Understand the Different Types of Business Lenders

There are different types of commercial lenders that will lend you money for your projects. The type of lender you use will depend on several factors: property type, LTV, amortization, recourse, interest rates, closing time, and other factors.

Let’s take a look at the top commercial lenders on the market.

Targeted Lenders

These CMBS (Commercial Mortgage Backed Securities) are long-term fixed-rate financings that are generally permanent and non-recourse.

portfolio lenders
Banks or Savings and Loans

They have shorter terms (3-5 years) with fixed or variable rates. They are typically for construction and permanent financing and are full recourse.

credit companies

They offer long or short-term financing with a fixed or variable rate. As well as permanent and construction.

Life Companies

These commercial lenders are institutional quality with long term fixed rate financing. Loans are generally permanent and non-recourse.

Government Sponsored Enterprise (GSE)
Fannie Mae/DUS and Freddie Mac

Fannie Mae and Freddie Mac are purchase loans from commercial lenders. Multi-family apartment rates for 5+ are comparable to CMBS loans, but are properties that would not otherwise qualify.

FHA HUD 223(f)

FHA loans are backed by the United States government. They offer higher LTVs and better terms and rates on multi-family apartments over 5 units for properties that would not otherwise qualify.

Small Business Administration (SBA)

Backed by the US government, these are loans for more than 51% of owner-occupied properties.

Non-bank lenders

These types of loans are also known as declared income, low or undocumented, private and hard money. These loans are more flexible with quick closings (great if you’re hard-pressed to get financing). But they also tend to have higher interest rates and back-end or participation fees.

According to the Mortgage Bankers Association of America, about 20% of commercial mortgage loans made in the US are through conduit, 20% are through commercial banks, 20% are through life insurance companies, 13% with Fannie Mae and 8% with FHA. The top commercial/multifamily originators in 2005 were:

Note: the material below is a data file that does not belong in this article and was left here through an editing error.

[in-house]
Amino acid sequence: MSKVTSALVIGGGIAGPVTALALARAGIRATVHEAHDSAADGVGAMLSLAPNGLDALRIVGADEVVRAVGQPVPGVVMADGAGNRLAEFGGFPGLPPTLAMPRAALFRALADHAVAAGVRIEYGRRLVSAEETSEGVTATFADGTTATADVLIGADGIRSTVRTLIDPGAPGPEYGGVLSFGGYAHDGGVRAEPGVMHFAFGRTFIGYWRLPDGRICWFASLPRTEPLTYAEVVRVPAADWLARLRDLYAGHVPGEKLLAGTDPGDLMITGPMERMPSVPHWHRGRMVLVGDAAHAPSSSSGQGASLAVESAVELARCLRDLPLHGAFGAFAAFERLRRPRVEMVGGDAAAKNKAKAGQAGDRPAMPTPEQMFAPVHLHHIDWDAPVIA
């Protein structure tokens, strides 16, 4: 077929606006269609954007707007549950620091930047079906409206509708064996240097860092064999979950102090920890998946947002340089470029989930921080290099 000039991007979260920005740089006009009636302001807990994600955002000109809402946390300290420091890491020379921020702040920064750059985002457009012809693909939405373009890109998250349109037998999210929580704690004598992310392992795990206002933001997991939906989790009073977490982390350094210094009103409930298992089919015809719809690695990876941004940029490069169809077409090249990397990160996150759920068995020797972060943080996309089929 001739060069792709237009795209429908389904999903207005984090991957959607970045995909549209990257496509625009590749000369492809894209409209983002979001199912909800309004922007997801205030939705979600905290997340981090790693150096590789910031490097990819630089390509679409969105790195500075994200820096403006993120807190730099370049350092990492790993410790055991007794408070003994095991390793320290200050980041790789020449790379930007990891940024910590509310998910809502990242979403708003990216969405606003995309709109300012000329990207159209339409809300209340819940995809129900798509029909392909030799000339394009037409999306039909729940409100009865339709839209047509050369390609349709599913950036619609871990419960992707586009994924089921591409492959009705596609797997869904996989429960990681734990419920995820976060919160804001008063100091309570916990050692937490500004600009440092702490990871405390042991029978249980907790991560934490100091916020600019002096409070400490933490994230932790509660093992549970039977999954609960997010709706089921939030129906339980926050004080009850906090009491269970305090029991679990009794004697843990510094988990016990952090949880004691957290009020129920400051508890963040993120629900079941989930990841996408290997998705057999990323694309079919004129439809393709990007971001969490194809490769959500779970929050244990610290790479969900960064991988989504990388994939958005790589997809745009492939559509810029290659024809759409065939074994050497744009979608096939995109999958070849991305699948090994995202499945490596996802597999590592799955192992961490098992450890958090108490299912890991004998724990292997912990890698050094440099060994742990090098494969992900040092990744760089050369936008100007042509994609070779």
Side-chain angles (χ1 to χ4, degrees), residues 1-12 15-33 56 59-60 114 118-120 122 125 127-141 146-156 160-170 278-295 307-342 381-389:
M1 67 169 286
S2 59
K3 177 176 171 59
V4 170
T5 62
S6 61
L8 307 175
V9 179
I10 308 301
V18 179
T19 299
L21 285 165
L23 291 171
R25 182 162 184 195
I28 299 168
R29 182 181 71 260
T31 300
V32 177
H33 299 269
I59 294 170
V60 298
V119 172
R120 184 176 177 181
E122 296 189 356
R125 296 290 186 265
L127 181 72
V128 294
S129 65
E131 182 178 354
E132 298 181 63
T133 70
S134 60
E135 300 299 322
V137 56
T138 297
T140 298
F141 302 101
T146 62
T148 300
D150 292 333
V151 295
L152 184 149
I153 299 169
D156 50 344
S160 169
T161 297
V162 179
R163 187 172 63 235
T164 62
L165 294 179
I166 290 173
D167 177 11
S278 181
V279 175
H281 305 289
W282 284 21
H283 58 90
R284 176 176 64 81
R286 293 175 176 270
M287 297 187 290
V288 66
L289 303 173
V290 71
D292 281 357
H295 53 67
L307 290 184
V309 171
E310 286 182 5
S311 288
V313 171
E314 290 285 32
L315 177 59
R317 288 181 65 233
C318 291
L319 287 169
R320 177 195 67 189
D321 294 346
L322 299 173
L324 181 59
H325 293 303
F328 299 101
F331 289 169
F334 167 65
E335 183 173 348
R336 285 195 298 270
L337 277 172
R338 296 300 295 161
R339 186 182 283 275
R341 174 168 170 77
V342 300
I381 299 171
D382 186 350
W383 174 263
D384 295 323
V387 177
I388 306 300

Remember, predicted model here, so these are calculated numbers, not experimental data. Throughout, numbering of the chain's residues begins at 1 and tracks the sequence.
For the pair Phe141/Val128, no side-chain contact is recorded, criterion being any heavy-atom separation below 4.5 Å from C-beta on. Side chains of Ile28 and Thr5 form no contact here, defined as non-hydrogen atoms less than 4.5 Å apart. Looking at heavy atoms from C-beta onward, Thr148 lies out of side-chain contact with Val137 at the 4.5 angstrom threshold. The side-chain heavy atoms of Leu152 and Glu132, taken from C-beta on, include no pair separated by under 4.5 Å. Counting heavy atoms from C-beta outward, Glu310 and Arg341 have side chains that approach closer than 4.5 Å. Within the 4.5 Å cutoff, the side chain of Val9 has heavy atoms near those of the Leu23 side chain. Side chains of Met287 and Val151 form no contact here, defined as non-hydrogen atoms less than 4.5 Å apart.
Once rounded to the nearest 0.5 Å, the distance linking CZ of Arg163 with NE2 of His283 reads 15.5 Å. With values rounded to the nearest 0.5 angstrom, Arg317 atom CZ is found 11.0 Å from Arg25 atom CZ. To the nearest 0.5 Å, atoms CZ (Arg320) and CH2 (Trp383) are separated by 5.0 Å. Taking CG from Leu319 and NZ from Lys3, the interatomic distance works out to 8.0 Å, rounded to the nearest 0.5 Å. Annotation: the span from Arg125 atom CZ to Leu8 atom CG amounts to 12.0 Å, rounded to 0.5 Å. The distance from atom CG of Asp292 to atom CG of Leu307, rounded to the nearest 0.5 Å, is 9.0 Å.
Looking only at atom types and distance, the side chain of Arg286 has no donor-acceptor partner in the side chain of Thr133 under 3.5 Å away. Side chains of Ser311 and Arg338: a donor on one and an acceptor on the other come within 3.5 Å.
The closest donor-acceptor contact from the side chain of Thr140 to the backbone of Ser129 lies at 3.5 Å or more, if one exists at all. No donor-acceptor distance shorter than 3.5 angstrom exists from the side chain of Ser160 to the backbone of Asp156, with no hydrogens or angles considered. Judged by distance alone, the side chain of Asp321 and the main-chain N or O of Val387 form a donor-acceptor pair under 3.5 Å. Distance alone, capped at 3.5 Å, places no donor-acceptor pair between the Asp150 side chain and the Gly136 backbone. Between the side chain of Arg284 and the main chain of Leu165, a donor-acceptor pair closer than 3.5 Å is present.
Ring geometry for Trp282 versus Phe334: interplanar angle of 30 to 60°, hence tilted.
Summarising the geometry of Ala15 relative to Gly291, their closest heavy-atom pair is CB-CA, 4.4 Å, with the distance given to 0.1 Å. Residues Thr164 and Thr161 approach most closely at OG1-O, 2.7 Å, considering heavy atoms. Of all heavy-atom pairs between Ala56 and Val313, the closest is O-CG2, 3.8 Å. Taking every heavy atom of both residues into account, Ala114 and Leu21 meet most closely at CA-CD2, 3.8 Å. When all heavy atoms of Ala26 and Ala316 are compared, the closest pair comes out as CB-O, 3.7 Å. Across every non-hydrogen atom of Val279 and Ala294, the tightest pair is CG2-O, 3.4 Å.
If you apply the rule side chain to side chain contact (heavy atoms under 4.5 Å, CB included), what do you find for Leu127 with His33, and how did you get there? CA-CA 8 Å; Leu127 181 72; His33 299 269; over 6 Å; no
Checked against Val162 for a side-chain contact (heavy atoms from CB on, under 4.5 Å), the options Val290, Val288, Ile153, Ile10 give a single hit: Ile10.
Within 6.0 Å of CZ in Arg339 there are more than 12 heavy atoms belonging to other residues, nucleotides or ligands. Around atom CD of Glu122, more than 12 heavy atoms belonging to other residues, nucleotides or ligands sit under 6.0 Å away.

• Wachovia for commercial banks/savings institutions and conduits
  • Capmark Financial Group for Freddie Mac and FHA/Ginnie Mae
  • MetLife for life insurance companies
  • Deutsche Bank Berkshire for Fannie Mae
  • TIAA-CREF for pension funds
  • Cohen Financial for credit companies
  • Key Bank for REITs, mortgage REITs, mutual funds and other investors
  • Tremont Realty Capital, LLC for specialized finance companies

In general, there are basically two types of commercial lenders in the market: those that keep the loan in its balance (portfolio lenders) and those that sell the loan on the secondary market (conduit lenders). The secondary market represents Wall Street funds, also known as commercial mortgage-backed securities (CMBS).

A portfolio lender makes its profit from the spread or margin above the interest rate index. A conduit lender makes its profit based on the difference between what the bond can sell on Wall Street and the value of the sum of all the loans in the pool. That’s the main reason brokerage lenders can price a commercial mortgage loan more aggressively than a portfolio lender.

So which lender is the best for you?

Well, that depends. It really depends on your project and investment strategy. So ask yourself some questions:

  1. Is this a development project or is it fully developed?
  2. What are your short and long term plans for the property?
  3. What are your needs regarding the interest rate?
  4. As you build capital, will you want to refinance?

Portfolio loans have fixed-rate structures, such as fully amortizing loans with no calls or balloons tied to a long-term, historically stable index. Portfolio loans can better meet the needs of rehabilitation or development projects.

Conduit loans are good for properties that are stable with good tenants (such as NNN properties). They offer low fixed rates with long amortization and no recourse. While both portfolio and conduit lenders may have a lock-in and performance holding period, conduit loans also have discharge issues if the loan is refinanced. This is because if the loan is refinanced, the loan is removed from the pool of loans backing the bond, which changes the risk structure of the bond. As such, the borrower has to pay to have another bond with similar risk, yield, duration, payment priority in place of their loan. Conduits also do not allow secondary financing and have high prepayment penalties. Conduit lenders are not known for moving quickly, typically taking 4-6 months to close.

In general, regardless of the size of the loan, the fees to make the loan (closing and third-party costs) are the same for conduit and portfolio lenders.

Because there are so many different factors when looking for a commercial lender, it really pays to have a good commercial mortgage broker on your team who can provide you with the knowledge you need to find the best lender for you.

Related Posts

Leave a Reply

Your email address will not be published. Required fields are marked *